Arm pain snake bite tells of a fearful injury to a man's upper limb; don't mess with these reptiles.
This page is not for the fainthearted! The puff adder is one of Africa's most venomous snakes and whilst I have seen many, never one this large.
The combination of the very toxic venom and the damage done by the awesome fangs makes the puff adder a very dangerous reptile. The puffadder is responsible for more deaths than any other snake in Africa.
A puffadder attack is a fearful thing. Nevertheless we should try not to kill these creatures; they do much good in the environment too.
This young man was attacked by a puffadder and it stripped off the skin from his left forearm revealing the flexor muscles supplied by the median nerve, but miraculously the the median nerve itself and the radial artery were not damaged.
One can only salute the incredible skills of the trauma surgeons who attended to him.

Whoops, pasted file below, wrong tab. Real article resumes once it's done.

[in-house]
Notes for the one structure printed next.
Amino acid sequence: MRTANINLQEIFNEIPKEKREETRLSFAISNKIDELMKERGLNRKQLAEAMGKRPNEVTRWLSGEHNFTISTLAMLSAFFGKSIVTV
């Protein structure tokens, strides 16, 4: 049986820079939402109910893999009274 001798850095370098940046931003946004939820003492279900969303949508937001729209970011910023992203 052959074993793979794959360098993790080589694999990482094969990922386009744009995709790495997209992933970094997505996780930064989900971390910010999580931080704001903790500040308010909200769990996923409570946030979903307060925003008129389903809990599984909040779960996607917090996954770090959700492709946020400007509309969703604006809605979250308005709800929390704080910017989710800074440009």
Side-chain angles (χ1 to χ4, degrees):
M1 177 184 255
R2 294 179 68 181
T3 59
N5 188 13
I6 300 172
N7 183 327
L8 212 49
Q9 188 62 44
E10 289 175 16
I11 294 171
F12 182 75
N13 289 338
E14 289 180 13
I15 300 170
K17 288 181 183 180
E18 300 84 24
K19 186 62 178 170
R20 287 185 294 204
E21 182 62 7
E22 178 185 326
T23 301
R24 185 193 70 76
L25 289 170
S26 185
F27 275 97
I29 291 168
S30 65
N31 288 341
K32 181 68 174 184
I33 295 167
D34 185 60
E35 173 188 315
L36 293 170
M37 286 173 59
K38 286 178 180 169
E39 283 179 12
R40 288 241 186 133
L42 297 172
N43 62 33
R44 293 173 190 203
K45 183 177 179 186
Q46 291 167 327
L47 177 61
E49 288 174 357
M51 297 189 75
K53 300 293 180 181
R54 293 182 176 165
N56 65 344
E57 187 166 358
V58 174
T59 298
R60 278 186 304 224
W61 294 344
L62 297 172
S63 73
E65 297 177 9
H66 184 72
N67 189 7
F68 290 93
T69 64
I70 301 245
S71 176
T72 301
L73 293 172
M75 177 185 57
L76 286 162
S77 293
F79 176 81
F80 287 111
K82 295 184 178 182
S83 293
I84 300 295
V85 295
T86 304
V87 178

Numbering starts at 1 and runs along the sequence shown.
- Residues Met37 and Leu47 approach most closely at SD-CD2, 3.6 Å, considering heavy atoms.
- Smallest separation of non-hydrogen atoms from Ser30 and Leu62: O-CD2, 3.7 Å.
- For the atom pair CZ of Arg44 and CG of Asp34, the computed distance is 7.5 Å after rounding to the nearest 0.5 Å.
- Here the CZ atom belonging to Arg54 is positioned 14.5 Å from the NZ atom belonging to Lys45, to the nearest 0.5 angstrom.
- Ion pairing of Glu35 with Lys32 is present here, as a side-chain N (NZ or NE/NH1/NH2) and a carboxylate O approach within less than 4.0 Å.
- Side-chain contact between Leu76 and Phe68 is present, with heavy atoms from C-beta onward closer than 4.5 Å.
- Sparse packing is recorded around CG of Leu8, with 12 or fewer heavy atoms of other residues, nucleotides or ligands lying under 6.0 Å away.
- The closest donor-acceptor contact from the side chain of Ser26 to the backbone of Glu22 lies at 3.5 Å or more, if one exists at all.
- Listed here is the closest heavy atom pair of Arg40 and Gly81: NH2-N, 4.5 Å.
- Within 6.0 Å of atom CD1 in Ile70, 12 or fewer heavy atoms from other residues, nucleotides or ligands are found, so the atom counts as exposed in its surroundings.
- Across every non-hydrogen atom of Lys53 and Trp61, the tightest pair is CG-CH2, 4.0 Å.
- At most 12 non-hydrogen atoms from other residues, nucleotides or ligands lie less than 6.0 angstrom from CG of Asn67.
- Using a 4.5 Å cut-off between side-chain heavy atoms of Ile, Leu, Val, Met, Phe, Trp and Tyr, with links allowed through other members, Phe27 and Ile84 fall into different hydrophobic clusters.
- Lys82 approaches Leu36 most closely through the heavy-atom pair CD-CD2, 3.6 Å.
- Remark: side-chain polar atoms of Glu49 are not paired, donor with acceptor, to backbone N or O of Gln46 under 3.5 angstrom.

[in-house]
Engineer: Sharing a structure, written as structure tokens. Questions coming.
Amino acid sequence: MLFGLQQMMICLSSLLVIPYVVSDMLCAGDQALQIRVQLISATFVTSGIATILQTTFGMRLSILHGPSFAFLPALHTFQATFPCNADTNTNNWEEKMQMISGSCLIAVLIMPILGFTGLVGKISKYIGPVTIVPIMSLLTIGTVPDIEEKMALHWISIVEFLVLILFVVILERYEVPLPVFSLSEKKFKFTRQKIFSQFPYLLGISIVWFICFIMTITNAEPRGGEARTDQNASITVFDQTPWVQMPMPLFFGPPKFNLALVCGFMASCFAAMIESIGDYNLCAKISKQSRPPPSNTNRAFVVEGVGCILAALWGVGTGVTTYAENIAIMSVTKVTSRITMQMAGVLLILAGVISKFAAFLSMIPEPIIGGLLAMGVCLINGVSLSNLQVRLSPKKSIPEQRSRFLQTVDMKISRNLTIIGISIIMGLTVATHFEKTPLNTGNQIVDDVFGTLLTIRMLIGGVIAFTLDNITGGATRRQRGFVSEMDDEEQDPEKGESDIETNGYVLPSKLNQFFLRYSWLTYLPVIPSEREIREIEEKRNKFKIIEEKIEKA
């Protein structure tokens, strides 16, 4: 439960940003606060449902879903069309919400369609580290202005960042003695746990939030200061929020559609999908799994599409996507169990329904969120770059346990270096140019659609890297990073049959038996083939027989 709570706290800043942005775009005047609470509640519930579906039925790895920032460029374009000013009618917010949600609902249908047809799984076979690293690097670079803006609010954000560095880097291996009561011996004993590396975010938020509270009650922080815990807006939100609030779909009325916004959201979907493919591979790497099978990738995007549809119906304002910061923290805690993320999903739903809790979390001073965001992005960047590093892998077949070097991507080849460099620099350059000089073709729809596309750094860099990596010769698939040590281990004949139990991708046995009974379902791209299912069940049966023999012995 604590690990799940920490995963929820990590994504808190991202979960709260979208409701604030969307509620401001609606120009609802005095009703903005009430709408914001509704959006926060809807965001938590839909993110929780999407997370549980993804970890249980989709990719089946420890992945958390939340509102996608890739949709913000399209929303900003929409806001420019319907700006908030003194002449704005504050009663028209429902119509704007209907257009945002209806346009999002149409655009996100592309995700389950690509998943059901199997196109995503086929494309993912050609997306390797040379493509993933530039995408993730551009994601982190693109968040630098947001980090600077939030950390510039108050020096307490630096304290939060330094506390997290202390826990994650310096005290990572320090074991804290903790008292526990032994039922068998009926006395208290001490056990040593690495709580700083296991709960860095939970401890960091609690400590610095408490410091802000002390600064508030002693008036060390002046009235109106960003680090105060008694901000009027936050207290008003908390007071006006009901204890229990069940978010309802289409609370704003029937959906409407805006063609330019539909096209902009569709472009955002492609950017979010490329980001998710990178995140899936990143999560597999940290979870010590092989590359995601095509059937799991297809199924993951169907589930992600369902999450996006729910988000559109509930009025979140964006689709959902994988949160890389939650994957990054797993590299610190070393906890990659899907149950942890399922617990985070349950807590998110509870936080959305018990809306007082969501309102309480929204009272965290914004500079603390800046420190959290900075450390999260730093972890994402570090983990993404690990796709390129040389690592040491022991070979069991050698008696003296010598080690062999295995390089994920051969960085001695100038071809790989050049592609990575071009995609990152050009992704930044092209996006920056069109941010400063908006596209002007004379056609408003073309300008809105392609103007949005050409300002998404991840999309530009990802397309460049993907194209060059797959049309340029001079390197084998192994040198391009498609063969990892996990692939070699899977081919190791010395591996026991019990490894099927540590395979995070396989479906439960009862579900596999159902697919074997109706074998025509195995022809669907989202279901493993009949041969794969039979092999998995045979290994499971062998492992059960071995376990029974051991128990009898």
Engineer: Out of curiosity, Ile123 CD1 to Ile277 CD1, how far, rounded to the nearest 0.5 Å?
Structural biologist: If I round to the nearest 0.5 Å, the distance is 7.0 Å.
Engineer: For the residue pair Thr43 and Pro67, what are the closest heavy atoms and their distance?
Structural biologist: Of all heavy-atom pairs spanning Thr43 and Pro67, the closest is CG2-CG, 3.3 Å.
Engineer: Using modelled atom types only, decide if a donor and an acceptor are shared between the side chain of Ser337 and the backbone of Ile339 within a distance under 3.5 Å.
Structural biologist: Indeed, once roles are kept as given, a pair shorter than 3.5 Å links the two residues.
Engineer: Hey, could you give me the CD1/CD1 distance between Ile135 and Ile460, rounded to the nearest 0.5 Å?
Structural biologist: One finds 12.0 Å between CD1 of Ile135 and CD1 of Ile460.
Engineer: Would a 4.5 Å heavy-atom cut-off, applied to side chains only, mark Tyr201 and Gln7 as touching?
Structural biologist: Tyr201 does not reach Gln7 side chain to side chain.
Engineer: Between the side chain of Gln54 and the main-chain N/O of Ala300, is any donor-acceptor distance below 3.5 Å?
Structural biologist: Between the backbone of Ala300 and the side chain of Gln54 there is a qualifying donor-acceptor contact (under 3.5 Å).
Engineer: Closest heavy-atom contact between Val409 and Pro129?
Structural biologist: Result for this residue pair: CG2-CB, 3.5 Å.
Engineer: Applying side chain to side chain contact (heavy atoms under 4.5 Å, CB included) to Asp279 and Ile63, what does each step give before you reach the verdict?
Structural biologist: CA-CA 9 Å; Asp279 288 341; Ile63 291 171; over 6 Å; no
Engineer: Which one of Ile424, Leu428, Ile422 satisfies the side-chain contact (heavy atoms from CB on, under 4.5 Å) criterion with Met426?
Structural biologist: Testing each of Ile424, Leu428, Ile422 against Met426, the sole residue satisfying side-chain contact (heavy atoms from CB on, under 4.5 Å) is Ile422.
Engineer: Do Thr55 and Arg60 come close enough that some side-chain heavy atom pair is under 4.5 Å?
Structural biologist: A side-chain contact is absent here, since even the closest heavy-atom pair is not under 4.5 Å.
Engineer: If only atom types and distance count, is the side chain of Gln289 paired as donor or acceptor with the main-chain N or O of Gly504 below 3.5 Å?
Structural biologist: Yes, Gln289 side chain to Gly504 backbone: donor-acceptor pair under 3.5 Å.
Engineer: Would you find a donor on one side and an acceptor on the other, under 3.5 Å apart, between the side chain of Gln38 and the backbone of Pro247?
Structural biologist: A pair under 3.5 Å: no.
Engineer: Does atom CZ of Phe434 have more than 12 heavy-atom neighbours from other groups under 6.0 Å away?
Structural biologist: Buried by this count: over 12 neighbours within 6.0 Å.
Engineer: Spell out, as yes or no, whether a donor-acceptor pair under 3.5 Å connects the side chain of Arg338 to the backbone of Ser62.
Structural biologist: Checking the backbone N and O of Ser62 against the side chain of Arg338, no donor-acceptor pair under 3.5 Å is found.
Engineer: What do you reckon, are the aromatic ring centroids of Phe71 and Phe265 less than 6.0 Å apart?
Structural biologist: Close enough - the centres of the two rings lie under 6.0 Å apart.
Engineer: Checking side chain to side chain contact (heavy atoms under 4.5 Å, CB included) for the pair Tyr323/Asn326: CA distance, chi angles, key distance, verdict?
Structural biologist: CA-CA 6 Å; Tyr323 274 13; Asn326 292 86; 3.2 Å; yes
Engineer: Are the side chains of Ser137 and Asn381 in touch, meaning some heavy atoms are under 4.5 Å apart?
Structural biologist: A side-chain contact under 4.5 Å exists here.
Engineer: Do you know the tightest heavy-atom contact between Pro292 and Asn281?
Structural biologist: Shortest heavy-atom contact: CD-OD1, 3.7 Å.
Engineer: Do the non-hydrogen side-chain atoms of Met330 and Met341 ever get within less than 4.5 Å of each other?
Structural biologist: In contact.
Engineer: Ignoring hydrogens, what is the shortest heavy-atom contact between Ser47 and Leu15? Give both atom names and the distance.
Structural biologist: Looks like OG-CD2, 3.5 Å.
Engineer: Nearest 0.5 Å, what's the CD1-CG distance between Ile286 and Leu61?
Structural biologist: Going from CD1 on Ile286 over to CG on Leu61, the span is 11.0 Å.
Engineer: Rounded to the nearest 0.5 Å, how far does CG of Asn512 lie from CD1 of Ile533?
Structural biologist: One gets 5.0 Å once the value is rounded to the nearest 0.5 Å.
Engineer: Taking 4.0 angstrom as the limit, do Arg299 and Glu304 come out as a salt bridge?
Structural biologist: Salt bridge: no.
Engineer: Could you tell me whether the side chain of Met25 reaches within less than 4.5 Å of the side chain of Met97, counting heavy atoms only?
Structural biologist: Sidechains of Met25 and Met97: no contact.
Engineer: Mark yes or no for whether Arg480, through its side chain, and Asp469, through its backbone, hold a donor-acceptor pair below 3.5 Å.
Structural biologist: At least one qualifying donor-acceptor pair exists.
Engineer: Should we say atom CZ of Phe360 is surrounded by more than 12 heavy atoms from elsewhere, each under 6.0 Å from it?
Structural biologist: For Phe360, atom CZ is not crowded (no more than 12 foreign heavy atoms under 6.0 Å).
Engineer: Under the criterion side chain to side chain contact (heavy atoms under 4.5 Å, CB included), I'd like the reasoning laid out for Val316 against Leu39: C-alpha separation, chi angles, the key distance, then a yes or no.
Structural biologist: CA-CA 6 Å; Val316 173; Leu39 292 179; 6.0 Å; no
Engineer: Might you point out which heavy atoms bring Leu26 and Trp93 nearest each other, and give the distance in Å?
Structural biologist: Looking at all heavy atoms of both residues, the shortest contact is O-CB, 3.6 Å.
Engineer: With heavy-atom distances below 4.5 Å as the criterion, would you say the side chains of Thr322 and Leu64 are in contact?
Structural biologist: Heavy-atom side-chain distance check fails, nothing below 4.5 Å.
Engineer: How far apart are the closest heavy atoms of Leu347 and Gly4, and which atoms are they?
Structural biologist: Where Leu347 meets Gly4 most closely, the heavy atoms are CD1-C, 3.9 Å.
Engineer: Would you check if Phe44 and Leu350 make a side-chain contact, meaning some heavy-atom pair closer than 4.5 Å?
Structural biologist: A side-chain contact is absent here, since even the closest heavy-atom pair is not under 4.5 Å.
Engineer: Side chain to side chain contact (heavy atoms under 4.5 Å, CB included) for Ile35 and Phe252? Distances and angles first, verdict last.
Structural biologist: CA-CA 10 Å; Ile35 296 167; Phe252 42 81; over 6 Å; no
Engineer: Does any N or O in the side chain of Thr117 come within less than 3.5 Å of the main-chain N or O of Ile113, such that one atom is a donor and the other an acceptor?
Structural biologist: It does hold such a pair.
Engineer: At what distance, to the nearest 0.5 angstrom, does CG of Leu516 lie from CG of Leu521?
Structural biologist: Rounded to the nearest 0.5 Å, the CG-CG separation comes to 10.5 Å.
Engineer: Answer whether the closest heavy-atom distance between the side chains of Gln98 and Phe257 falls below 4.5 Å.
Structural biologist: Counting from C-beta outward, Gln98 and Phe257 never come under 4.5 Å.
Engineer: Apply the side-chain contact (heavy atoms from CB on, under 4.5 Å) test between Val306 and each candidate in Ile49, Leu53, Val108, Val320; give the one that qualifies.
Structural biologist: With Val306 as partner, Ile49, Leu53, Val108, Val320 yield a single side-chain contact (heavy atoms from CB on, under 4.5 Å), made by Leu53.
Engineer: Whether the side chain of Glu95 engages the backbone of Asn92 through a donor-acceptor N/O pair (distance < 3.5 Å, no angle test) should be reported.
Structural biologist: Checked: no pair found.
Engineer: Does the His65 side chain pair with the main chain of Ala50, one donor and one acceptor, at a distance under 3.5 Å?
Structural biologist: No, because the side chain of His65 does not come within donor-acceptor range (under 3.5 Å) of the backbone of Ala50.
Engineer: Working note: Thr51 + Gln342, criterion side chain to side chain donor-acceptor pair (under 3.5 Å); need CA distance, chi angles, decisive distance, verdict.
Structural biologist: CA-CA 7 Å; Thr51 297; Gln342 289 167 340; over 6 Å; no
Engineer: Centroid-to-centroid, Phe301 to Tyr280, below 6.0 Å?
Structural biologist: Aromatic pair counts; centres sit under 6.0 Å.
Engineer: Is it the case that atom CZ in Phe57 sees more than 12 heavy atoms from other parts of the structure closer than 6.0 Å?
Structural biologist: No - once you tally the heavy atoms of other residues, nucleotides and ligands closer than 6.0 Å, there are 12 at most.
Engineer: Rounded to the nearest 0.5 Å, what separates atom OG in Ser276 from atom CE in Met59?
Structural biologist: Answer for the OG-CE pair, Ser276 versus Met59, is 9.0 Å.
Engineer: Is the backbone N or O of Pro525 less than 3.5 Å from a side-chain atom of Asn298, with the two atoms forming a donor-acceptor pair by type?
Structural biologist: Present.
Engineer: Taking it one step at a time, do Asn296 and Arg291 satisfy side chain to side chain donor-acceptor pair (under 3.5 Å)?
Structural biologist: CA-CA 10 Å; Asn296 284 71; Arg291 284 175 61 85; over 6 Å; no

This damage is from the sheer force of the strike, the long fangs penetrating deeply and stripping off the skin.
Those are the median nerve supplies the flexor muscles of the forearm and hand. These muscles flex the wrist activate the fingers and some of the muscles of the thumb.
The thumb interestingly is so vitally what gives humans the dexterity and ability to undergo so many tasks, that it is supplied by all three of the major nerves that supply the arm.
So even if the median nerve had been irreparably damaged by this nasty arm pain snake bite, he would still have had partial use of the thumb.
Note the skill of the surgeons who not only saved him from massive infection and injury to the nerves, muscles and blood vessels but with skin grafts managed to restore his arm.
The venom is cytotoxic, destroying the cells of muscles, skin and other tissue. There is massive local swelling and tissue necrosis, as well as spread along the lymphatics.
Human death usually occurs after about 24 hours if the condition is not carefully managed.
Why on a chiropractic help website you may well ask. Well, I just found it interesting, working with these nerves and muscles from the other side of the skin, on a daily basis.
And it's good to be reminded of the dedication and skills of other healing professions.
Astonishing. Whilst obviously his arm will be always partly disabled, it would have been very interesting getting involved in the rehab of this arm.